PRESENTING its cranes to the market used to be something an issue for JC Plant, since they were classed by maximum load moment - yet load moment does not mean much to many clients, who are interested in lifting capacity.The 10 tonne/m units would be sold as 5-tonne capacity, but then customers would expect it to lift 5 tonnes at a radius of more than just 2 m.
So now Mr Cooper describes cranes in terms of how far the crane can lift a tonne out to. For example, the 8 tonne/m model can lift 1 tonne out to 7 m and the 10 tonne/m crane can lift a tonne out to 9 m, both through 360 degrees.He says: 'That extra metre might not sound a lot, but it can make a difference.'
The Skyhook range is being extended both at the top and bottom end of the range, with the introduction to the rental fleet of a 3.3 tonne/m model and a 12 tonne/m model.The latter crane is mounted on a JCB Fastrack 2135 tractor, stripped down and modified for the purpose.
The baby of the family, the 3.3 tonne/m rig, features the new Hiab 033T crane, which has a maximum front outreach of 6 m. Its maximum capacity is 2.5 tonnes and it can lift 500 kg at 6 m.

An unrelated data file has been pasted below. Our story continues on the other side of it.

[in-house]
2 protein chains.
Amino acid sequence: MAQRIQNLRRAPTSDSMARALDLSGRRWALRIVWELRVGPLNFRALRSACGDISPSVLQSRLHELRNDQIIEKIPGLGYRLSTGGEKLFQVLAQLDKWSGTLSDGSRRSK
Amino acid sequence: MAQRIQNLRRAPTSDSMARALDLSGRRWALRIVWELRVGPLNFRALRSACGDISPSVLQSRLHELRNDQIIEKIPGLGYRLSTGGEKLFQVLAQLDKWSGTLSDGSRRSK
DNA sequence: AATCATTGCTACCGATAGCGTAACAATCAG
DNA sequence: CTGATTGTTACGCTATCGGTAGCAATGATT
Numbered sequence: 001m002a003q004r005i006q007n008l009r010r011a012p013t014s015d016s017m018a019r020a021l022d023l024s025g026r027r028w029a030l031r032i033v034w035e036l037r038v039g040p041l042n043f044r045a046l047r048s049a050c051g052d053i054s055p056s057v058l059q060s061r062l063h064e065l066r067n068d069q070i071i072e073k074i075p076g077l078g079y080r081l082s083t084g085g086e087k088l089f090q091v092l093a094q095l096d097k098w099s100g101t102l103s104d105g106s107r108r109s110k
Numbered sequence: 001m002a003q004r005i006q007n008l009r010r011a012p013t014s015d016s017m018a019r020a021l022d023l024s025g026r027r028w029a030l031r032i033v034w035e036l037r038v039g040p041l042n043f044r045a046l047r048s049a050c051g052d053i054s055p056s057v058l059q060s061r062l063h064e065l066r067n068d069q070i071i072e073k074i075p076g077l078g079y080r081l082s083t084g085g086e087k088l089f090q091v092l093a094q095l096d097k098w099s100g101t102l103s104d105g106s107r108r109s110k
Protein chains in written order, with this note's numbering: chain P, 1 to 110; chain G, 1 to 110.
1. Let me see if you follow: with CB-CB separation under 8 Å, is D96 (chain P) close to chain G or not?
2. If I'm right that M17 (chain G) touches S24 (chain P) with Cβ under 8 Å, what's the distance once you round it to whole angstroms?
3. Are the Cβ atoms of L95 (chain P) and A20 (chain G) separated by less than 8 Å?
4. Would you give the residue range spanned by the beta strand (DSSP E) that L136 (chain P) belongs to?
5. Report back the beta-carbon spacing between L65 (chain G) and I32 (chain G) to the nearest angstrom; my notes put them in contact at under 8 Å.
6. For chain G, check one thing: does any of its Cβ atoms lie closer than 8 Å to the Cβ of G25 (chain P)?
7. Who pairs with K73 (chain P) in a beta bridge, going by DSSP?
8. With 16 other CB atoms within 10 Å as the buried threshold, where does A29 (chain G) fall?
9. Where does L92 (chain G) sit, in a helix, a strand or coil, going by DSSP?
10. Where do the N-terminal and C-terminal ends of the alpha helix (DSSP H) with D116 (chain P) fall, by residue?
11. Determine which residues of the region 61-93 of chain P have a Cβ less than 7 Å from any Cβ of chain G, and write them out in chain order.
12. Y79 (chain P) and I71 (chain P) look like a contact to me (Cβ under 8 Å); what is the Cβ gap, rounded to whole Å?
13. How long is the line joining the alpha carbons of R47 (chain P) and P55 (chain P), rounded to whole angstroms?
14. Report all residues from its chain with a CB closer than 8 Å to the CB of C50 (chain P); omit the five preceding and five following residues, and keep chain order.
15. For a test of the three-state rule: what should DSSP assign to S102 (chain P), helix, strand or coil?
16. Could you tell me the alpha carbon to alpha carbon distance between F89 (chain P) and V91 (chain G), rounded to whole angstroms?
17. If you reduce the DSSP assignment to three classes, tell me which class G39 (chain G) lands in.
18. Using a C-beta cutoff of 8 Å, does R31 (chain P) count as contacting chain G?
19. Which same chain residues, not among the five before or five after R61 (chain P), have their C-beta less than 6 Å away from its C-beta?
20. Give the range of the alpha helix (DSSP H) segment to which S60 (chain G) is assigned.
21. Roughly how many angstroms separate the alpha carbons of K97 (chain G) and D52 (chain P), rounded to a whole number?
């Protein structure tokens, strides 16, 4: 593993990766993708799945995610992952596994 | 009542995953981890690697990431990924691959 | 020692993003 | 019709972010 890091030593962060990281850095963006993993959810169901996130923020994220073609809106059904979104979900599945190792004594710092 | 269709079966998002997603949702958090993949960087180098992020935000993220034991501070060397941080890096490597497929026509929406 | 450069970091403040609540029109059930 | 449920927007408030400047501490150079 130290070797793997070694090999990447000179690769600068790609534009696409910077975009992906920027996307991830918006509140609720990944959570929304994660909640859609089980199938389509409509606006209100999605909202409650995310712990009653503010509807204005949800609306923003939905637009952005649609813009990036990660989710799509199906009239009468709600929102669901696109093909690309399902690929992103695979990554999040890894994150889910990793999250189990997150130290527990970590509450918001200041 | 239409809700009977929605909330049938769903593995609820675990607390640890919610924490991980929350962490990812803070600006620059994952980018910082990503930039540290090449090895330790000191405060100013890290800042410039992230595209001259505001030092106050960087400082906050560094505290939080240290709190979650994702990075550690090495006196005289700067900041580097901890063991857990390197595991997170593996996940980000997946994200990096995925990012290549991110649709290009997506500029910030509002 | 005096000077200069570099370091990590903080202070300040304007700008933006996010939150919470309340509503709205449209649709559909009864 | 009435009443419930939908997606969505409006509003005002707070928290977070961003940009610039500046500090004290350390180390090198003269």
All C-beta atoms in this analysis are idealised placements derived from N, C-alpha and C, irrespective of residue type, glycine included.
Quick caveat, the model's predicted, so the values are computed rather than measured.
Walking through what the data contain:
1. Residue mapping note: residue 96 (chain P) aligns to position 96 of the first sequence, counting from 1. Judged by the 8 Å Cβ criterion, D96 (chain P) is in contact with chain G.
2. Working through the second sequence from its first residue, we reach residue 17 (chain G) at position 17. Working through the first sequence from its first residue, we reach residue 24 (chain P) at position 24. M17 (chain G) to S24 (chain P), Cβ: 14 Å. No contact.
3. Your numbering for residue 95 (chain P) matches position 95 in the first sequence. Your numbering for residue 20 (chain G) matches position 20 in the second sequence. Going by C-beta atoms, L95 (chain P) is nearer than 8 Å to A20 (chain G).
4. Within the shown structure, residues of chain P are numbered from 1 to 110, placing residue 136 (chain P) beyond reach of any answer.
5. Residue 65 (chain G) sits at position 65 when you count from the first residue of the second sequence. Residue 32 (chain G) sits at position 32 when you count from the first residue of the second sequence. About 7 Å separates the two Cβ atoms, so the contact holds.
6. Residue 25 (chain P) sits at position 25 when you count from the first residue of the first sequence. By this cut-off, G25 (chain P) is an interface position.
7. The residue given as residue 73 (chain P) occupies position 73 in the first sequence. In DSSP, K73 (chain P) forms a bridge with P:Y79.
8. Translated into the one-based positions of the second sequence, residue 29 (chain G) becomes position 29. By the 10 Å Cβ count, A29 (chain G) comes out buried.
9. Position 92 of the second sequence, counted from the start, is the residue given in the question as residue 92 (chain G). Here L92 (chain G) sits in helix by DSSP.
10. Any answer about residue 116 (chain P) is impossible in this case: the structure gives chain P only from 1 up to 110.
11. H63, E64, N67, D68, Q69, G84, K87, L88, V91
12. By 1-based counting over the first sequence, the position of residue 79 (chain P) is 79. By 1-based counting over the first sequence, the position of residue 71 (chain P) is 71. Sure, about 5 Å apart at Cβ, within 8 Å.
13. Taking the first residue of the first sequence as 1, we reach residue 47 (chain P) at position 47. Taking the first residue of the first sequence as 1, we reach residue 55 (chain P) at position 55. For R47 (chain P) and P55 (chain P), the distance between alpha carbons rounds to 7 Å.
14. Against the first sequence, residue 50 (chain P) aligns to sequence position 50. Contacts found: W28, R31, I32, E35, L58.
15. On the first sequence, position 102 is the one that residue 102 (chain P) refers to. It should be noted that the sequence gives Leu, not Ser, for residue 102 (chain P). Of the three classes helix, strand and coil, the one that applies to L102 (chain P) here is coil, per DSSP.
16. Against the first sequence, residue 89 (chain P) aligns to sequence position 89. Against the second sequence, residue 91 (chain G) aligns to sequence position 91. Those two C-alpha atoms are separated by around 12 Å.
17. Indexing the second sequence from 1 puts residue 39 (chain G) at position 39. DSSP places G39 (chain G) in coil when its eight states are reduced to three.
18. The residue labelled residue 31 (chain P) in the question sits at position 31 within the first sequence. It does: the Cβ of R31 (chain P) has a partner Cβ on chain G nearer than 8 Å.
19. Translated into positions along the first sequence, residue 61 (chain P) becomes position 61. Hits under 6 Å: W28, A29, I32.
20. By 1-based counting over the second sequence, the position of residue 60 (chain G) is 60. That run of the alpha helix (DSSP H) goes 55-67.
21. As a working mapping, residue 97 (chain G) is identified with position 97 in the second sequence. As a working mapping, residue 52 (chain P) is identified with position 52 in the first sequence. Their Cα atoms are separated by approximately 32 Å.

This machine is different from the rest of the fleet in that it only has one pair of outrigger legs - it is an important distinction that here they are outriggers rather than stabiliser legs, taking the weight of the machine and the lift.Only one set of outriggers is needed because the crane lifts only over the front, slewing through just 90 degrees. It is also the first Skyhook to have a pick-and-carry load chart, as well as a chart for lifting with outriggers deployed.The safe-load indicator detects automatically whether the outriggers are properly out and down. If not, it automatically de-rates the crane to the pick-and-carry chart.
Given its lift truck roots, the tyres of the 3.3 tonne/m Skyhook are solid, so there is no risk of a blowout.With such tyres, it clearly does not have the rough terrain capability of the larger members of JC Plant's fleet and is designed for use on smooth, made ground.
It is diesel-powered, but could easily be made to be batterypowered, says Mr Cooper.
It is mounted on what looks like a forklift truck base unit, a suggestion that stirs Mr Cooper into vivid animation.'It is not a forklift. People say, 'Oh look, there's a crane mounted on a forklift'.No it's not. Show me where there is a fork. It's a Skyhook.'